UKC

La Sportiva Trango Extreme Evo Boots

© Kevin Avery-UKC
La Sportiva Trango Extreme Evo  © La Sportiva
With "Extreme" and "Evo" in their name I was expecting big things. Hopefully they'd have me climbing harder and faster than ever before! I've never really enjoyed wearing heavy, clumpy boots as I've been unable to find anything with both all day comfort for walking and pleasing technical credentials for climbing. However the Trangos sounded like they may just fit the bill being dubbed as, "waterproof, lightweight, insulated and high performance." In fact I was worried I might not measure up!

The Trango Evo Extremes are a single (no removable inner) boot with a synthetic upper. They are lined with a Gore-tex membrane that has a Duratherm synthetic insulation layer laminated to it meaning that they should be 100% waterproof and also warm. They are designed for alpine climbing, ice-falls and hiking. These are B3 boots (can be used with any crampons including step-ins) that are light yet technically proficient and warm.

Testing the Evo Extreme on a WI5 in La Grave  © Kevin Avery-UKC
Testing the Evo Extreme on a WI5 in La Grave
© Kevin Avery-UKC

How long have I used them for?

I've used the Trangos for a couple of months now and in a range of situations. Long days on Ben Nevis, Cairngorm mixed routes, steep ice and -12 celsius in the Ecrins and some plain and simple hiking.

Walking in to Ben Nevis  © Kevin Avery-UKC
Walking in to Ben Nevis
© Kevin Avery-UKC

How have they performed?

The boots have really impressed me. They fit perfectly and offer all-day comfort whether it be a 12 hour day climbing on Ben Nevis with the obligatory Allt a' Mhuilinn approach, or some road-side waterfalls in the Alps. They do feel incredibly light for a boot of this type although for me I think that they would be too warm for hiking in the summer months in the UK. That said, they would be perfect for the Alps.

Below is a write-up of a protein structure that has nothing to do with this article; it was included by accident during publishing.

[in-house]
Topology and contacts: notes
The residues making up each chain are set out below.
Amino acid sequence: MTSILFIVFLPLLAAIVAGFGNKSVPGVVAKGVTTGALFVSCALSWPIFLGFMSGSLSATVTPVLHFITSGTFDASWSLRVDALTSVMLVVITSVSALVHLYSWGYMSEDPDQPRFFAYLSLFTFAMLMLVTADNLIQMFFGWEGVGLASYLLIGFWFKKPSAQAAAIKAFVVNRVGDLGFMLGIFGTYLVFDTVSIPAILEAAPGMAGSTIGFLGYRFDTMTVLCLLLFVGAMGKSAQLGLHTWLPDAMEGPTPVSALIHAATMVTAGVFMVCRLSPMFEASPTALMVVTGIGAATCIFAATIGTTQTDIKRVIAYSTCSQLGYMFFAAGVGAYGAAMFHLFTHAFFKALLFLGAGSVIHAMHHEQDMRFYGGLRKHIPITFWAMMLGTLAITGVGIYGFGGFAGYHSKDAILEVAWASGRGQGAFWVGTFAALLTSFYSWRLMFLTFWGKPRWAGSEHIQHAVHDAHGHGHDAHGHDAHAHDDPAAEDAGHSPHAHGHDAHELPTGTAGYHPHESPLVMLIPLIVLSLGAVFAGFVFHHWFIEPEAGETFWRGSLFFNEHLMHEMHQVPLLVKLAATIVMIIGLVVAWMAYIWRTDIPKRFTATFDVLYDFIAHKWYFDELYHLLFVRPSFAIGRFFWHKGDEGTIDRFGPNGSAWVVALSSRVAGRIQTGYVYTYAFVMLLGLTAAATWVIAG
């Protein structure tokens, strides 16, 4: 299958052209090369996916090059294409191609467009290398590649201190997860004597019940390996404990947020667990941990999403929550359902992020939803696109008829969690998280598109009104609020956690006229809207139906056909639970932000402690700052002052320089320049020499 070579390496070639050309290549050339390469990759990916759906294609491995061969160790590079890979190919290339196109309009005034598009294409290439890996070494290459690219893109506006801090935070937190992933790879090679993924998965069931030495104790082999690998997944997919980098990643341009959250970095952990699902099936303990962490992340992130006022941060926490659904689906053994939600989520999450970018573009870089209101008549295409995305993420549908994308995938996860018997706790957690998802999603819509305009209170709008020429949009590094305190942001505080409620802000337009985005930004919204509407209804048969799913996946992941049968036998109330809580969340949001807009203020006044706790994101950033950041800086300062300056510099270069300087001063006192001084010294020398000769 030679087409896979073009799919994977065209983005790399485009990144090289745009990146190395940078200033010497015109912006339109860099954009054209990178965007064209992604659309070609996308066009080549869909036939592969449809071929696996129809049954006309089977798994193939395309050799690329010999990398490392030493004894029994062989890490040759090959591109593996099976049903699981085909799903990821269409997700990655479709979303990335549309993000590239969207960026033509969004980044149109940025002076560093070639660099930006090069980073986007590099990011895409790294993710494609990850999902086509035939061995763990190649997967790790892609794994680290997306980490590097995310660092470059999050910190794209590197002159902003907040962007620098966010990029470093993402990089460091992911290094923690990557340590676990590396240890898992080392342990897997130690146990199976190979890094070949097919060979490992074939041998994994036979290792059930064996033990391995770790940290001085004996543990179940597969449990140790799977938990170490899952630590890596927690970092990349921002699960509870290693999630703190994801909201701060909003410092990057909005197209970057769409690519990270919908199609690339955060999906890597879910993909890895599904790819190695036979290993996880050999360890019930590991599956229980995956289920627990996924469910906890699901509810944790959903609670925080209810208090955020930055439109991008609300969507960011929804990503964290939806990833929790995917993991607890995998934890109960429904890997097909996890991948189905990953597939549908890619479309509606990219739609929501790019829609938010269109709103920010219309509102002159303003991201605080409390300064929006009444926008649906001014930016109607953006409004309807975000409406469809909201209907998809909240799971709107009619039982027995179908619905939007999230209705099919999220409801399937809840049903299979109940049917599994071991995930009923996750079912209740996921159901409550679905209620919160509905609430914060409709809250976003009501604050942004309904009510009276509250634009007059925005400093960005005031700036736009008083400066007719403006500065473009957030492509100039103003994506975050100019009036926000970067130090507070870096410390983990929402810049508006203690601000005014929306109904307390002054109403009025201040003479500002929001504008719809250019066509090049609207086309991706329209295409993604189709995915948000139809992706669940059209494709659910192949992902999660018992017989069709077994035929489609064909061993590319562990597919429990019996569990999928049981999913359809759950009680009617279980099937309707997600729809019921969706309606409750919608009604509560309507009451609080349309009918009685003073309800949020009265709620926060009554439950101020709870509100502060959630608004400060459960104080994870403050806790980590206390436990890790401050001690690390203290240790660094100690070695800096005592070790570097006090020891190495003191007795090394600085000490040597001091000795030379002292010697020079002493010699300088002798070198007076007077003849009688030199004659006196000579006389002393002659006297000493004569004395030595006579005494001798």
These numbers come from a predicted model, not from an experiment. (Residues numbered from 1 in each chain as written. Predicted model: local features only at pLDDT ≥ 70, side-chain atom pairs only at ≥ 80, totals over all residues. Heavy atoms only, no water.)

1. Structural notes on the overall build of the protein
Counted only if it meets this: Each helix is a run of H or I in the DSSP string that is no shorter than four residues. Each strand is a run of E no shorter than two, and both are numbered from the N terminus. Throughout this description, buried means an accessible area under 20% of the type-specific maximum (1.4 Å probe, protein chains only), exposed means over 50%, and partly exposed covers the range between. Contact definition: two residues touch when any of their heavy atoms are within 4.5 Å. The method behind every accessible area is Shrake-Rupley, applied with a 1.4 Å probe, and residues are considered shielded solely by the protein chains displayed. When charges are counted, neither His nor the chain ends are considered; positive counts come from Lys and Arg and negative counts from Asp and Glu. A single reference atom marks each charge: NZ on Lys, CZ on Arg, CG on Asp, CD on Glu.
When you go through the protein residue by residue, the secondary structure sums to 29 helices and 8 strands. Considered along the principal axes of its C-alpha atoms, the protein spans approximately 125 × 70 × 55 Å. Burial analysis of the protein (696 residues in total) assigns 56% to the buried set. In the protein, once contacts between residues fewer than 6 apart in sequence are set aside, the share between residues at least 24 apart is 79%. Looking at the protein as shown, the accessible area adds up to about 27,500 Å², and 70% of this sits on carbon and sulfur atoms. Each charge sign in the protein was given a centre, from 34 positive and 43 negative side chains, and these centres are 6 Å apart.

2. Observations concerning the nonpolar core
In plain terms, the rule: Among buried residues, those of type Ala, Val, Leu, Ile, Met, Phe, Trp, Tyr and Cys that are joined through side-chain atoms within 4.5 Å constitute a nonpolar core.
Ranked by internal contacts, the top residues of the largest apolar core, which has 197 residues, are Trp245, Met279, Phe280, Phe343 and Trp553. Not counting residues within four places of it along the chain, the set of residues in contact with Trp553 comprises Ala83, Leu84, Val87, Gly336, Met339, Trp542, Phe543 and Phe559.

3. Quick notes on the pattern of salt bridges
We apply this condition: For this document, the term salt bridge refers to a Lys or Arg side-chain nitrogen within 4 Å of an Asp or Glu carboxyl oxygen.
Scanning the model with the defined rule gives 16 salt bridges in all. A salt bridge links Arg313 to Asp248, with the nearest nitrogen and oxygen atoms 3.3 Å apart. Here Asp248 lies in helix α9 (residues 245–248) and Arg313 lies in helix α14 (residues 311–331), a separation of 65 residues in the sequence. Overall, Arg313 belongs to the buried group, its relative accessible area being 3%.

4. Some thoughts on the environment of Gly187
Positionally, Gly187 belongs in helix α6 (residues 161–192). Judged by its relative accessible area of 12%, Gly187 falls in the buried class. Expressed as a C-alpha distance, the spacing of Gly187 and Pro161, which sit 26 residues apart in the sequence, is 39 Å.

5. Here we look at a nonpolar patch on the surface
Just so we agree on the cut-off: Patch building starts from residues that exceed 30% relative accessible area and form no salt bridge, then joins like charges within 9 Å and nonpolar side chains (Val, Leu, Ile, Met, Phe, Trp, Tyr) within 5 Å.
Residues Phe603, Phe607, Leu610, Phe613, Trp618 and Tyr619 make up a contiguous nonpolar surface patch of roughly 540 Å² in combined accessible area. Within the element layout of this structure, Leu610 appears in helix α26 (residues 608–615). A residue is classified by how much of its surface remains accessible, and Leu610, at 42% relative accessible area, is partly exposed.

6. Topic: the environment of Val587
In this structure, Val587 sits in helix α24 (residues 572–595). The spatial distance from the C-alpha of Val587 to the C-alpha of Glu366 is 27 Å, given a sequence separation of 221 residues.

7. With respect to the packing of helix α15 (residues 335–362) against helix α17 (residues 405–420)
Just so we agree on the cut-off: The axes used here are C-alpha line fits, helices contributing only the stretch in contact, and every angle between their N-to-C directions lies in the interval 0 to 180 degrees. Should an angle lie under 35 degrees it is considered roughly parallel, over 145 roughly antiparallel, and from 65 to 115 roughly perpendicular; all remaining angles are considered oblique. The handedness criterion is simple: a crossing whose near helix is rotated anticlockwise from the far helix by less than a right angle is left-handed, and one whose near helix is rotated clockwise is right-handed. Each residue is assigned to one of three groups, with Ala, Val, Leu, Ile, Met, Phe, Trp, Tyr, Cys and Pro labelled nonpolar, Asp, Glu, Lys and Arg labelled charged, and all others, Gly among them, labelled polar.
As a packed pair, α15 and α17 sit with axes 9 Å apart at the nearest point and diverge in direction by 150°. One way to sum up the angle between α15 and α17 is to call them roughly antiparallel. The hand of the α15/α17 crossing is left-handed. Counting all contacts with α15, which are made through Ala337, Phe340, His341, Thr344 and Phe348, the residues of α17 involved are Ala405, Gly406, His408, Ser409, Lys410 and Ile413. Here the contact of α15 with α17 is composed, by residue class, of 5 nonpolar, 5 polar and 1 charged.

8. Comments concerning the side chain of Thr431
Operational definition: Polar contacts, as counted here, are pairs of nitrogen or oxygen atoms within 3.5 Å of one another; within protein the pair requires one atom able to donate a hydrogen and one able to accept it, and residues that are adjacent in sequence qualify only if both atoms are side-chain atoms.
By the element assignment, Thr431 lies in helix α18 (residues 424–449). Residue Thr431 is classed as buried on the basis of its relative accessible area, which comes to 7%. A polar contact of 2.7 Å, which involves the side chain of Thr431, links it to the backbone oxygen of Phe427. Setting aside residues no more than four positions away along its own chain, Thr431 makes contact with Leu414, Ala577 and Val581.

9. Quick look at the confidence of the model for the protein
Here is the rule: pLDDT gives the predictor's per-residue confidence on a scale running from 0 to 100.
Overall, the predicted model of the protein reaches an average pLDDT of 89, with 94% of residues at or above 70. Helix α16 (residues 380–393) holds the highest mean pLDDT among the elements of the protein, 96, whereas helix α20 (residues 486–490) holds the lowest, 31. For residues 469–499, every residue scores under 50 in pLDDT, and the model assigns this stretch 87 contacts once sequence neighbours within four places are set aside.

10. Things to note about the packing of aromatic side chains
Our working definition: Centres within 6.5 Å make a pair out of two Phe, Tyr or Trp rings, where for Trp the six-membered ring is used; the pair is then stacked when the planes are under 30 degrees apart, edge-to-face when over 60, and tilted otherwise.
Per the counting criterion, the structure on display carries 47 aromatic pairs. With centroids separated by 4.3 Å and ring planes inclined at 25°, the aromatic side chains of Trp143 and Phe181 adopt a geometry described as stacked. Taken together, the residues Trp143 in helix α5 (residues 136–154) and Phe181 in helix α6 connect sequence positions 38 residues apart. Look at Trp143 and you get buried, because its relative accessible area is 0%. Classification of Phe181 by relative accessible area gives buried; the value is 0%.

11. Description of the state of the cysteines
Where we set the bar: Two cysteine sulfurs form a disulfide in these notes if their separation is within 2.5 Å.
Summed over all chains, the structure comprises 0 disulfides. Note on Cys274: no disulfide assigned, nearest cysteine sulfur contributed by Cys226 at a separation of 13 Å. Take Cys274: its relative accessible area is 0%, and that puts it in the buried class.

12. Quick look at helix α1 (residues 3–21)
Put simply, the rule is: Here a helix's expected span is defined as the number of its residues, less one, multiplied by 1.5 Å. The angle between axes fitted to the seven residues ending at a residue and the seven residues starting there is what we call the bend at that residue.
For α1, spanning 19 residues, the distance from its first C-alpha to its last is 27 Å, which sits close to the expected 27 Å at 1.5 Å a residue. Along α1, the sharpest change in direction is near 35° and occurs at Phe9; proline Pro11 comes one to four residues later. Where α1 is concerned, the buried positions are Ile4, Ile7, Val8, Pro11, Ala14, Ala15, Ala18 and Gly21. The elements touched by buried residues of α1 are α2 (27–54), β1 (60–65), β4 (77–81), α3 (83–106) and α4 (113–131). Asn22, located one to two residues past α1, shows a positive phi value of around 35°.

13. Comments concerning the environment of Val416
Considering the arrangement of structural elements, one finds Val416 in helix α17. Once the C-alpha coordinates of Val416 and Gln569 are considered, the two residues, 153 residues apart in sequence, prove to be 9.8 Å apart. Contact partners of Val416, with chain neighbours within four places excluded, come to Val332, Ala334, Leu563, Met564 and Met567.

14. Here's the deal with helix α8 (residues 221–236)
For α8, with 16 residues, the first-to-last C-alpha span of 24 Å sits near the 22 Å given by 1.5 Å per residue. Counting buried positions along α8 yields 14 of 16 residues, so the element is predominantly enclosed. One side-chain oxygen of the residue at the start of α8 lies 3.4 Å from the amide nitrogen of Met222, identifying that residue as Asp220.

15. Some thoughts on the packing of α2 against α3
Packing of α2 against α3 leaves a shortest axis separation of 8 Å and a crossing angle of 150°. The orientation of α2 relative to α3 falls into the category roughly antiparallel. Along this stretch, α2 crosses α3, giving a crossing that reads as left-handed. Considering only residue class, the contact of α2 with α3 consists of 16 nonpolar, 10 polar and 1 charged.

When climbing ice they felt precise and the decreased weight was definitely noticeable. I actually felt that I could place my feet and this was even more apparent on mixed ground. I was a little concerned that the fairly low and flexible ankle area may not offer enough support for sustained bouts of front pointing but I have to say I never really noticed any difference from other boots I have worn. The ankles offer forward, rear and lateral flex which is useful on technical ground ground and the lacing can easily be tweaked (using the lace-lock) to increase or decrease the flex, whether you are looking for walking comfort or front-pointing support.

The Vibram sole seems to give great grip on most surfaces and its stiffness is more than adequate when required to kick steps into bullet-hard neve (in those situations when you really should have put your crampons on half an hour ago!) The sole is stiff (as you would expect from a B3 boot) but walking comfort is not sacrificed, something that is aided by the anti-shock midsole. Heel and toe welts enable full step-in (C3) crampons to be attached securely.

The boot uppers are completely synthetic so obviously this would be a good choice for vegans. Joking aside the uppers are made from a mixture of Lorica (a man-made material which has many of the properties of leather) and Cordura, then finished off with a burly rubber rand for extra protection. And they are remarkably tough; a friend of mine stumbled backwards and stood on my toe-box, full force with his crampon. All that was left was a minor indentation. Good job really or it could have been French A and E for me! The outer also sheds moisture remarkably well and the Gore-tex inner keeps your feet bone-dry, it also breathes well so you don't get sweaty and damp on the inside.

Warmth